“It caused us to take a second look at all of our safety procedures,” he said. “I had a meeting with the preschool program, and I’m meeting with the staff, and additional procedures may be put into place to monitor and improve security.”

Since Banta Elementary School was built in the 1950s, its campus has an open design, which Garibaldi said is something officials will have to reconsider.

“We’re taking this opportunity to review everything,” he said. “Review what may be available to help keep kids safe.”

Dale Hansen, superintendent of Lammersville Unified School District, said during a telephone interview Monday that he sent an email to parents on Friday to advise them about how to talk to their children about the Sandy Hook incident.

During the district’s winter break, Hansen said his administrators will review their crisis response and preparedness plans, which were already under re-evaluation.

“We went thorough lockdown procedures and practices in the last few weeks,” Hansen said. “The sheriff’s, firefighters and the full crisis response committee will be presenting an updated plan to the board in January. We already planned (an update) before this (incident).”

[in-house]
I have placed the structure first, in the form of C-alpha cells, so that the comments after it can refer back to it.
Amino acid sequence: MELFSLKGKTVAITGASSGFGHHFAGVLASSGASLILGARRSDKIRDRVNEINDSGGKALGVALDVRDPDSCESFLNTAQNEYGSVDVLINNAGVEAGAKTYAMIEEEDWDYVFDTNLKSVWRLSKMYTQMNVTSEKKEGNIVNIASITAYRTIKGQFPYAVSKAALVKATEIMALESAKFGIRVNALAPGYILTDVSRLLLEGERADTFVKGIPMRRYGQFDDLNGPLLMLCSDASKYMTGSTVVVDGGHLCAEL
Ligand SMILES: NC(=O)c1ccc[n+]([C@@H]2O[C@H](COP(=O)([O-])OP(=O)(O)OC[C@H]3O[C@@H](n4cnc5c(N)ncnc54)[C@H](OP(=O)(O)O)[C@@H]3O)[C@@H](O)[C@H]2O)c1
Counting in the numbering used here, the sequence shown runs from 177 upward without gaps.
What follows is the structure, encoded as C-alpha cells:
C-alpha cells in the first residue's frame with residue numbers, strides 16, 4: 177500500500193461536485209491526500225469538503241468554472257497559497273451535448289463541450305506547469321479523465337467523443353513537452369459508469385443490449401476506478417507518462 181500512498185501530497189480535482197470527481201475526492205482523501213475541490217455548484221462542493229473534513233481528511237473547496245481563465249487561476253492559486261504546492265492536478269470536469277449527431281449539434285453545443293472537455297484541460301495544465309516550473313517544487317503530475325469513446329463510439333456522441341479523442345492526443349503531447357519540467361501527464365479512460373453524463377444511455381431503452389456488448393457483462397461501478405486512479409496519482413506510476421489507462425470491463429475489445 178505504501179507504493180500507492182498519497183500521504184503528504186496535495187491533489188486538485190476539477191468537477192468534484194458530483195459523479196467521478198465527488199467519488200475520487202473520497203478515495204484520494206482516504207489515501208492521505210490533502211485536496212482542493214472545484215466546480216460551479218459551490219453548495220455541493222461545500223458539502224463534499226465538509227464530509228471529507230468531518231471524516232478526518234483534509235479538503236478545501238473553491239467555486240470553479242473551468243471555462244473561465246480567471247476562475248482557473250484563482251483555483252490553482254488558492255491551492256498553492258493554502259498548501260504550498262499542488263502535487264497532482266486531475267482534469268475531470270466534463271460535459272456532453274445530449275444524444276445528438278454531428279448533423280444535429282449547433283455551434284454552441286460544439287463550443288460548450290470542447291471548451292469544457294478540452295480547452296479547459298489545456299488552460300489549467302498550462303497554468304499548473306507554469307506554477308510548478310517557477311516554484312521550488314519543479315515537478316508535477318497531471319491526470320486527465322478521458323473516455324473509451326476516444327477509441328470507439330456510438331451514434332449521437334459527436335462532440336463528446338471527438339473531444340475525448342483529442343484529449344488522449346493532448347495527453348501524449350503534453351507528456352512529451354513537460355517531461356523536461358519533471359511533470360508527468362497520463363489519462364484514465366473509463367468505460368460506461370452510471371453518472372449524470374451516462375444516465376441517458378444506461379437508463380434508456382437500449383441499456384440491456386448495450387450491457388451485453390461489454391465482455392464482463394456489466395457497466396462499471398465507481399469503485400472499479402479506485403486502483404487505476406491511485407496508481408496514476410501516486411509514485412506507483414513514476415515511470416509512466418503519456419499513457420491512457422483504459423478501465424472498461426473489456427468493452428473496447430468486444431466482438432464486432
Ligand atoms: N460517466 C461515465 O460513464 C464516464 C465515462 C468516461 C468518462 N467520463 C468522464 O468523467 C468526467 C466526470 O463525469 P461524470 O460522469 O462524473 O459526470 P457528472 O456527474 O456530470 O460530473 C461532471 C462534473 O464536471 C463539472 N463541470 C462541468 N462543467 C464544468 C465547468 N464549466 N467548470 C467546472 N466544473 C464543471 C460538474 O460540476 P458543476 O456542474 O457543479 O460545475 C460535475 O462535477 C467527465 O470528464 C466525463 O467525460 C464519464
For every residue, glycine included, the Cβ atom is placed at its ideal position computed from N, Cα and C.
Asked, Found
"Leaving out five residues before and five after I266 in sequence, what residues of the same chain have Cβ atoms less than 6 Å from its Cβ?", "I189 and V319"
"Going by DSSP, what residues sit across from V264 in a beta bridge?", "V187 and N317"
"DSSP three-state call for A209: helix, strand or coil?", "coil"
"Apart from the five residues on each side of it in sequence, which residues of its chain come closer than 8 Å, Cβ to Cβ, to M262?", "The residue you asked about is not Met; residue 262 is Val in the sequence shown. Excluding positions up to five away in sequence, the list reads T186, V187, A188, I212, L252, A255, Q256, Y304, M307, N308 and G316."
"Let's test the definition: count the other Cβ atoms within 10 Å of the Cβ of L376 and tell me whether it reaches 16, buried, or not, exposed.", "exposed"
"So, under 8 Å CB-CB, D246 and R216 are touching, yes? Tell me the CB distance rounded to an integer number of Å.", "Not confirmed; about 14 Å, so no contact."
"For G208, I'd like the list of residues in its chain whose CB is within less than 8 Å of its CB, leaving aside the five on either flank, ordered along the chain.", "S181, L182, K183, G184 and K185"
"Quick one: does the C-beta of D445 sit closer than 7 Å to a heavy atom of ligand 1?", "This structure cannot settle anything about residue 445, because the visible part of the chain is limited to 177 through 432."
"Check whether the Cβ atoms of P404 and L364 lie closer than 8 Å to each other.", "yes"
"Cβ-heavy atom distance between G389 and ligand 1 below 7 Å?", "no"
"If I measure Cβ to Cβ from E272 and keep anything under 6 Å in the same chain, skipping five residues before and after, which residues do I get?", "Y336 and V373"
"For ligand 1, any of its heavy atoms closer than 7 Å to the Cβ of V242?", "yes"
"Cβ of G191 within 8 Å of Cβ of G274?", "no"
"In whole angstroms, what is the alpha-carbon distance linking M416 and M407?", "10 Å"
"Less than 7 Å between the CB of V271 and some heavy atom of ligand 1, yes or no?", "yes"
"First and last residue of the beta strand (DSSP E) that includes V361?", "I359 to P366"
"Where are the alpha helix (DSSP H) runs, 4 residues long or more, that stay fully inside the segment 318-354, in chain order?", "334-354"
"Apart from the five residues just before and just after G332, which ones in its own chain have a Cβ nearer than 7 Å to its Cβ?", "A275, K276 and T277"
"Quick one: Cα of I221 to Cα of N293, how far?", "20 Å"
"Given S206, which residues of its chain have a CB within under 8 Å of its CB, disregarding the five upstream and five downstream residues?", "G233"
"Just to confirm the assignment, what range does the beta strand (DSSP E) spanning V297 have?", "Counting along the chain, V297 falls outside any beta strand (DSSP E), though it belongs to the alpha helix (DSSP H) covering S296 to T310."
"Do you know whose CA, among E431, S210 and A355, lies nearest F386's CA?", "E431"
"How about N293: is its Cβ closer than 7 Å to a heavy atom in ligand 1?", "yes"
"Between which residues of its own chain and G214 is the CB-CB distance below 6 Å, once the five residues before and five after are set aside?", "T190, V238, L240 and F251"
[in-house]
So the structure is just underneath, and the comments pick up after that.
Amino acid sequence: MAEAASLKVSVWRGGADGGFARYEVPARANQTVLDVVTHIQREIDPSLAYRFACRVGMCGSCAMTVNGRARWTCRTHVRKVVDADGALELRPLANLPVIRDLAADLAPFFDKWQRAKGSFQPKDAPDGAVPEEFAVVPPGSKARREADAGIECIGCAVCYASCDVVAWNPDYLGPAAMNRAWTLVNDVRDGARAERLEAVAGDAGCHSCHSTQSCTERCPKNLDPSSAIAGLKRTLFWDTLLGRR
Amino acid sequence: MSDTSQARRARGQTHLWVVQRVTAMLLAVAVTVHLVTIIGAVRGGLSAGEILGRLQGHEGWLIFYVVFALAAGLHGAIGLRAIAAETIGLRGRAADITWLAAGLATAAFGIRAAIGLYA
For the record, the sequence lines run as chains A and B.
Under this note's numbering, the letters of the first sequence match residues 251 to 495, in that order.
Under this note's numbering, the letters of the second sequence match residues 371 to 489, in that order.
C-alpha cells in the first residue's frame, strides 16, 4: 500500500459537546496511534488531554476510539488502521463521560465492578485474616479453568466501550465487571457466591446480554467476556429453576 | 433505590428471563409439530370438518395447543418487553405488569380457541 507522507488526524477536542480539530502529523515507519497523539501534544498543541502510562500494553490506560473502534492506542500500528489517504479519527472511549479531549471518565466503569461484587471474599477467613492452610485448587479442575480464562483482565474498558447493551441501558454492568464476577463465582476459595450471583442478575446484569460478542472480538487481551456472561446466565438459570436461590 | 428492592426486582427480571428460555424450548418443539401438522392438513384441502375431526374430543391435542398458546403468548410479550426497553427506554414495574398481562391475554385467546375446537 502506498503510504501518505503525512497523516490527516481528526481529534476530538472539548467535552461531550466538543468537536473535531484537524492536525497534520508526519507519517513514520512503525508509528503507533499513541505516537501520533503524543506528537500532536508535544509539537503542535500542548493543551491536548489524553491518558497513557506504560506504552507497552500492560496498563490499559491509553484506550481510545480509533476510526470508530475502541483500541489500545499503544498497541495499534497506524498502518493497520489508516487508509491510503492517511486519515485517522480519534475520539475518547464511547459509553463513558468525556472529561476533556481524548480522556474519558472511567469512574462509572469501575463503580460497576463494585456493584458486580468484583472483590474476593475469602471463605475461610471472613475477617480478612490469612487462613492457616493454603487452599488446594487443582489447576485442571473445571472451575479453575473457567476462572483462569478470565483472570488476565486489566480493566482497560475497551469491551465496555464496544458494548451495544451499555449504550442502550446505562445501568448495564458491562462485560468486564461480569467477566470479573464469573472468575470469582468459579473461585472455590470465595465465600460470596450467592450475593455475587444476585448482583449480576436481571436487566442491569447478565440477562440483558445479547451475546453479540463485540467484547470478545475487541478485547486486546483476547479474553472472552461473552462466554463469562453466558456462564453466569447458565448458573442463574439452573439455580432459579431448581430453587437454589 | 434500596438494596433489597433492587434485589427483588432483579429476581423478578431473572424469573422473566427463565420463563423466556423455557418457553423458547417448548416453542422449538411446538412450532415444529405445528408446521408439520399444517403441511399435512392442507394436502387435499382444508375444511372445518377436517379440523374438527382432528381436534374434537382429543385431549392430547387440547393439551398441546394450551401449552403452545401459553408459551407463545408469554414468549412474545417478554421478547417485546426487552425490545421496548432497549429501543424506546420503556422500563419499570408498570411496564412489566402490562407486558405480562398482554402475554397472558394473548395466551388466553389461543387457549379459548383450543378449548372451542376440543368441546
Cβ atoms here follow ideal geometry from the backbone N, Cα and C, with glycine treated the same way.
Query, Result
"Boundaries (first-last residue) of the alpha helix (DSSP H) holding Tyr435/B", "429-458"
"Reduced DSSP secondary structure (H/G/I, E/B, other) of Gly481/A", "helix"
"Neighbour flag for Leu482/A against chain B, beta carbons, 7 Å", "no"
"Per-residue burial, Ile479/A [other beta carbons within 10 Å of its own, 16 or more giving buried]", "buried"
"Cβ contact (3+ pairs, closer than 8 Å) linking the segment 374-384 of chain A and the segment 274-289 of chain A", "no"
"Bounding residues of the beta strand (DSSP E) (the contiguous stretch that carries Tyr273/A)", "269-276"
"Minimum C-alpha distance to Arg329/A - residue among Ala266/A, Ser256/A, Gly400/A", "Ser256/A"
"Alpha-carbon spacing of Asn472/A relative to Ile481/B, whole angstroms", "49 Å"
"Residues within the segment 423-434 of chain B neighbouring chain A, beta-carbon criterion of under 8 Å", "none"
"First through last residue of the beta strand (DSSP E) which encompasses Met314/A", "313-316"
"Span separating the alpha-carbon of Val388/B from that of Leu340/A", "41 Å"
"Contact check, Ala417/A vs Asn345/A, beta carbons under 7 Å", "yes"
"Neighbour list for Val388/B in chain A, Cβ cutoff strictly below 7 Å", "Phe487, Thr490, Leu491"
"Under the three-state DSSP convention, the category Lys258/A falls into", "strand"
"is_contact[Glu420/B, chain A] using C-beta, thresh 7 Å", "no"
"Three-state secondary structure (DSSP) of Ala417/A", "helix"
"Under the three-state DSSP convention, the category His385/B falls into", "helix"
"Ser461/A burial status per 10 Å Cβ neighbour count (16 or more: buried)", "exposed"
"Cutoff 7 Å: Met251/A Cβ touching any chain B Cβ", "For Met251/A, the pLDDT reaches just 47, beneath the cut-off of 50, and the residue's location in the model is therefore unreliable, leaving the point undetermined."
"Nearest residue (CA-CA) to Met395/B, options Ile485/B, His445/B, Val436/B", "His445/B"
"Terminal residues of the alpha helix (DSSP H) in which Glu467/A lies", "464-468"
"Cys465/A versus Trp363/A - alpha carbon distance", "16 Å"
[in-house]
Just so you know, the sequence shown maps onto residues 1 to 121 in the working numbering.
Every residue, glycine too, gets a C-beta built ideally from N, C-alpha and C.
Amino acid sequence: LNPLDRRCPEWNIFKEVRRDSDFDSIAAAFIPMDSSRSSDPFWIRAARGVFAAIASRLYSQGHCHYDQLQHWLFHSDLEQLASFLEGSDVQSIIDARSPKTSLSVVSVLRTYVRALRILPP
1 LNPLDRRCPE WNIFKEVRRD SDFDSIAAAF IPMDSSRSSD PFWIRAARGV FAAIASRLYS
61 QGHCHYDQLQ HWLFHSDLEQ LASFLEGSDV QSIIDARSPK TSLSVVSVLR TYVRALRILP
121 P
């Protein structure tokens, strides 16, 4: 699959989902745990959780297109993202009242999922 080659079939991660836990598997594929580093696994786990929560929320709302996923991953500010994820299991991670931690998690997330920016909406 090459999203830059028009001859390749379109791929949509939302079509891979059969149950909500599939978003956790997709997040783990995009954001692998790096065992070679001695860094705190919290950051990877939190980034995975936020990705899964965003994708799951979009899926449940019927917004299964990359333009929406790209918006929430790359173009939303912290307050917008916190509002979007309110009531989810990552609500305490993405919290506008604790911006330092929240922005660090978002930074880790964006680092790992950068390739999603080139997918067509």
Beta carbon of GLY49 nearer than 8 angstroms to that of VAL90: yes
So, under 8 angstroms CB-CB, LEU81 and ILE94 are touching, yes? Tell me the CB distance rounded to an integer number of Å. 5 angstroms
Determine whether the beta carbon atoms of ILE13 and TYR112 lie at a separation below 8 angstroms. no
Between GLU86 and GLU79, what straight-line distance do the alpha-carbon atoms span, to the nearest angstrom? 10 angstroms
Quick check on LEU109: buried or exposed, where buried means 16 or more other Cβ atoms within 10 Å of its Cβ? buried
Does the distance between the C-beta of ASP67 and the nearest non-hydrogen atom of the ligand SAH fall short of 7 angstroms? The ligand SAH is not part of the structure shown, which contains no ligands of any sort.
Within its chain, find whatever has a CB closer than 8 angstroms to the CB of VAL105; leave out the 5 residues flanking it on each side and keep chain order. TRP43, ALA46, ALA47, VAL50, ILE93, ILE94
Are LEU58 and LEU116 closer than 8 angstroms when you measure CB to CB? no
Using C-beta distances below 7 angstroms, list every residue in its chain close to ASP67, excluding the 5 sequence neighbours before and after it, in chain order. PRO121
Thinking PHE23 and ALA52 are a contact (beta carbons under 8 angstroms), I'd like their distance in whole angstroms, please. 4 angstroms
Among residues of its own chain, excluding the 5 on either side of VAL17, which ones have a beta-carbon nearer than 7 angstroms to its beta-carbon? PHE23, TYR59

Hansen called the shooting “gut-wrenching.”

“It’s our most vulnerable part of our society, and it’s just wrong,” he said. “We all feel that way. Immediately we think of the safety of our kids and staff.”

• Contact Denise Ellen Rizzo at 830-4225 or drizzo@tracypress.com.
Comments
(28)
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debbdaves
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January 01, 2013
BTW BIB better to be born of two people than a woman and a donkey, or wait, a cow, given u live in Tracy.
debbdaves
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January 01, 2013
To the person who used my name, we must have the same father! My name is spelt debb daves while u spelt urs as deb ddaves.....BIB being the product of a leaky condom could not see well enough to read it.......poor repubtards who went to public school.....
Anonymous333
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January 01, 2013